View of Pest from the palace area

The baths

Huge market

St Stephen's

Our rose ice creams


Chain bridge

Me and the chain bridge

Memorial to those shot and pushed into the Danube

Thursday, May 16, 2013


The next stop on our trip was Prague, where we were to meet up with our friend Holly who'd flown down from England. It was certainly nice to have an extra travel buddy for a few days.

The beginnings of our time in Prague were not favorable. We rolled in on a bus from Berlin just as the sun was setting. And when I say 'setting', I don't mean that magical time of day when the soft sunlight makes a city illuminate. I mean the light was fading, and the grim skies which coated the city in grey sludge not too dissimilar to the inside of a ripped mattress on a roadside.

Luckily the hostel is pretty much attached to the bus station. As our destination came into view, I heard a cry from Pip and from the corner of my eyes I see her fall to the ground. I turn to find her leg down a hole in the pavement, and a large piece of the pavement caved in on her foot. I removed her heavy backpack and lifted the concrete slab off her foot. Scrapped and bruised we limped gingerly around the corner to the hostel.

The remainder of our time in Prague was great though. Pip still continued to have troubles. A dog dived for her at a tram stop, and she knocked a bottle of wine off the shelf at a supermarket. Oh and she fell over and hurt her ankle on the way home from our night out. But, I bet if you asked her, she'd still tell you that she had a great time in Prague.

The weather was far from perfect and it did rain on our first full day, but everything was more than enough to recommend Prague to anyone. The hostel we stayed in (Hostel Florenc) is brand-new and so it was very clean and served as a great base to see the city from. Food and drink were very inexpensive, and the first night we each ate a huge meal and with two drinks each it cost only us the equivalent of ₤16 for the three of us. This might have been because we were yet to figure out the tipping educate, and I suspect the waiter was rather annoyed at us for under tipping him.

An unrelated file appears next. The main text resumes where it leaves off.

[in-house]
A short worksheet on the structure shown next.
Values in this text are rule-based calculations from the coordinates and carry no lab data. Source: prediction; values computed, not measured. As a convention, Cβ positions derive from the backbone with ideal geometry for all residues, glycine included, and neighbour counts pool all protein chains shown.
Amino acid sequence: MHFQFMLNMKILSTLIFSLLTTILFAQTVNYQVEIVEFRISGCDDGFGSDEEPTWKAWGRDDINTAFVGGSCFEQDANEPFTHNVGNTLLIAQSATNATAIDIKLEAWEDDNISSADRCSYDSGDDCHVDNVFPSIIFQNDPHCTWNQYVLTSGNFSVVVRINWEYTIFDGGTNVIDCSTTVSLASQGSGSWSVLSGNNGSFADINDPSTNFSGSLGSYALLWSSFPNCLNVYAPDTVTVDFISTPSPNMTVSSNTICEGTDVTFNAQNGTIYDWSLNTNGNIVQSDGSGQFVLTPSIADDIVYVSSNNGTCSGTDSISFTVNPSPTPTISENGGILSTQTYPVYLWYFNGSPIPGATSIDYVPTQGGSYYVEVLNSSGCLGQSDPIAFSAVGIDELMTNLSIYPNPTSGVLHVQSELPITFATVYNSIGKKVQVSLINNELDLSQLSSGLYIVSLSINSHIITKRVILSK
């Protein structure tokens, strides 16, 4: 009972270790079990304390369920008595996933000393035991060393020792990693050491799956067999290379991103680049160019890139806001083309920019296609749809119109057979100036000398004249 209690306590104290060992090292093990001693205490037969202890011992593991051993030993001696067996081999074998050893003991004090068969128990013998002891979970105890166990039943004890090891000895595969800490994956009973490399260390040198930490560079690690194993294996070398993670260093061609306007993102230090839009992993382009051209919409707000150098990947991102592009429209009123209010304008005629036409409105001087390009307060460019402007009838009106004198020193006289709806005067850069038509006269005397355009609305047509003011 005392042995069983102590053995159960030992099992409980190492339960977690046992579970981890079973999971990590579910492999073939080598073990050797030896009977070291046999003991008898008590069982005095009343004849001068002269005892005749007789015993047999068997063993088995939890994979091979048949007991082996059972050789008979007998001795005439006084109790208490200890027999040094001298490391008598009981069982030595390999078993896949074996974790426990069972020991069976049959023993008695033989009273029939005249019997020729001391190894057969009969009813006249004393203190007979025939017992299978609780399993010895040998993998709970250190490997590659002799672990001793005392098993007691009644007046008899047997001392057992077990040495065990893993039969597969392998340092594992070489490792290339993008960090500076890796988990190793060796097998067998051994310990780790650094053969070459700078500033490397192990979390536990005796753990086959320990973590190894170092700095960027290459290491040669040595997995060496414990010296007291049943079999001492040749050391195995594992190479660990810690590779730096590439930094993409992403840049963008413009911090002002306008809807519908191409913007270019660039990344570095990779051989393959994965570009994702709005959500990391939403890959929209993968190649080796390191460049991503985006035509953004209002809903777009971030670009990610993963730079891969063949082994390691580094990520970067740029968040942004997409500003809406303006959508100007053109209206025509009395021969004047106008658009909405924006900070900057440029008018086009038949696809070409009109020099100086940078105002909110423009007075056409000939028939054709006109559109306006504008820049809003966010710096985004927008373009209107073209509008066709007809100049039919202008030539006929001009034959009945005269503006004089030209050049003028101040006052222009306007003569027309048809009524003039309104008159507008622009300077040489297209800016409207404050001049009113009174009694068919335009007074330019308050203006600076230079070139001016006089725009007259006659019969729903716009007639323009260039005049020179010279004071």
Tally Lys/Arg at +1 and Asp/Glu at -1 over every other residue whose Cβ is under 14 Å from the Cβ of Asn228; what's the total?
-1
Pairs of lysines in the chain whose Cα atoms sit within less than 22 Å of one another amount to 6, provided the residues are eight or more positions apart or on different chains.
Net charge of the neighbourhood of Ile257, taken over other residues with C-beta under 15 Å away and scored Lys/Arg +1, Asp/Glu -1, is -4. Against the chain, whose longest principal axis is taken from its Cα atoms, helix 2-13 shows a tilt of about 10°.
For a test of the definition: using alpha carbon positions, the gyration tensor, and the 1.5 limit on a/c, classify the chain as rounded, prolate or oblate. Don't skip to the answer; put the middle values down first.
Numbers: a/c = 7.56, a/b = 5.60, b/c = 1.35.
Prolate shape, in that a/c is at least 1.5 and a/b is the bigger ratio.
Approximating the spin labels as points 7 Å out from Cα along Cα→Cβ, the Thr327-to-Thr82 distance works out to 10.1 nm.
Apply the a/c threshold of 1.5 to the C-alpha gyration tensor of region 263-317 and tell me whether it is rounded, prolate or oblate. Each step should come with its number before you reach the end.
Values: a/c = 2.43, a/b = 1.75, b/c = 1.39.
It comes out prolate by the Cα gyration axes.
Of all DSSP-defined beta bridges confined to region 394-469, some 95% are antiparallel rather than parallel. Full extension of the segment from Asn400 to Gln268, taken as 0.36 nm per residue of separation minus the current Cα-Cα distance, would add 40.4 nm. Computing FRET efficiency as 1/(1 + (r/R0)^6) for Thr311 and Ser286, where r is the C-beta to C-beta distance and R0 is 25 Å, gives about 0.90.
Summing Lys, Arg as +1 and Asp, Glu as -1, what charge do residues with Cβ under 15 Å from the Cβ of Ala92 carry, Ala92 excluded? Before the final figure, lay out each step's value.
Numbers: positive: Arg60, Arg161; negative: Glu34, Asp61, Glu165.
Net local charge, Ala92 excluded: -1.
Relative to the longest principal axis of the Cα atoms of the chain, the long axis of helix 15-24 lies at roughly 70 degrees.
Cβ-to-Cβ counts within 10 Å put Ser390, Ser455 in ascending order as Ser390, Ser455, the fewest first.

We also ate the a place called Palanda, where we ate amazing medieval style meals before heading out for a night on the town. This would be the first night out that Pip and I have had on our trip so far. We are on a very tight budget so generally don't bother on nights out, but since Holly was over, we decided to let our hair down just for one night. We asked the waitress at the restaurant if she knew any good local spots, and she sent us a few blocks over to a cocktail lounge and music bar where we spent the remainder of the night sharing cocktail buckets, shots, and dancing. We even made a Russian friend who we found out to be only 16 years old. We all started to feel old all of a sudden and I've never felt so much like an adult in all my years.

Obviously, the next day was a bit of a write off but we did spend the first couple of days visiting all of the tourist sites in Prague. We walked the Jewish quarter, conquered Prague castle, wrestled with tourists in the old town square for a bite of Trdelnik (A traditional Czech pastry), visited the John Lennon wall, pushed our way across Charles bridge, and pretty much ticked off the top ten things you'd most likely find in a travel brochure.

We didn't get the best of Prague in the way it's marketed at us tourists, but I feel as though we had a great time anyway, and it was nice to catch up with Holly for a few rowdy gulps.

Our first meals in prague

Getting arty

The Square


Holly does Prague

Saturday, May 11, 2013

To Amsterdam and Berlin

Pausing for a moment to think about the last few days certainly brings a smile to my face. Getting sunburnt in Lisbon, rained on in Amsterdam, and something perfectly in-between in Berlin. Our trip so far certainly has had variety, and we are only about six days into it.

Leaving Lisbon was a travel confidence booster for us. It had been entertaining to sleep each night with the sound of riff raff out on the street but when we discovered the metro was closed at the time of morning we were to fly out; I quickly became uncomfortable with the prospect of waiting outside at four in the morning. That night I hardly slept as I listened to the arguing and abuse on the street below. We could call a taxi, but the hotel owner who didn't speak English, had told us previously (through hand gestures) that we should just wave one down.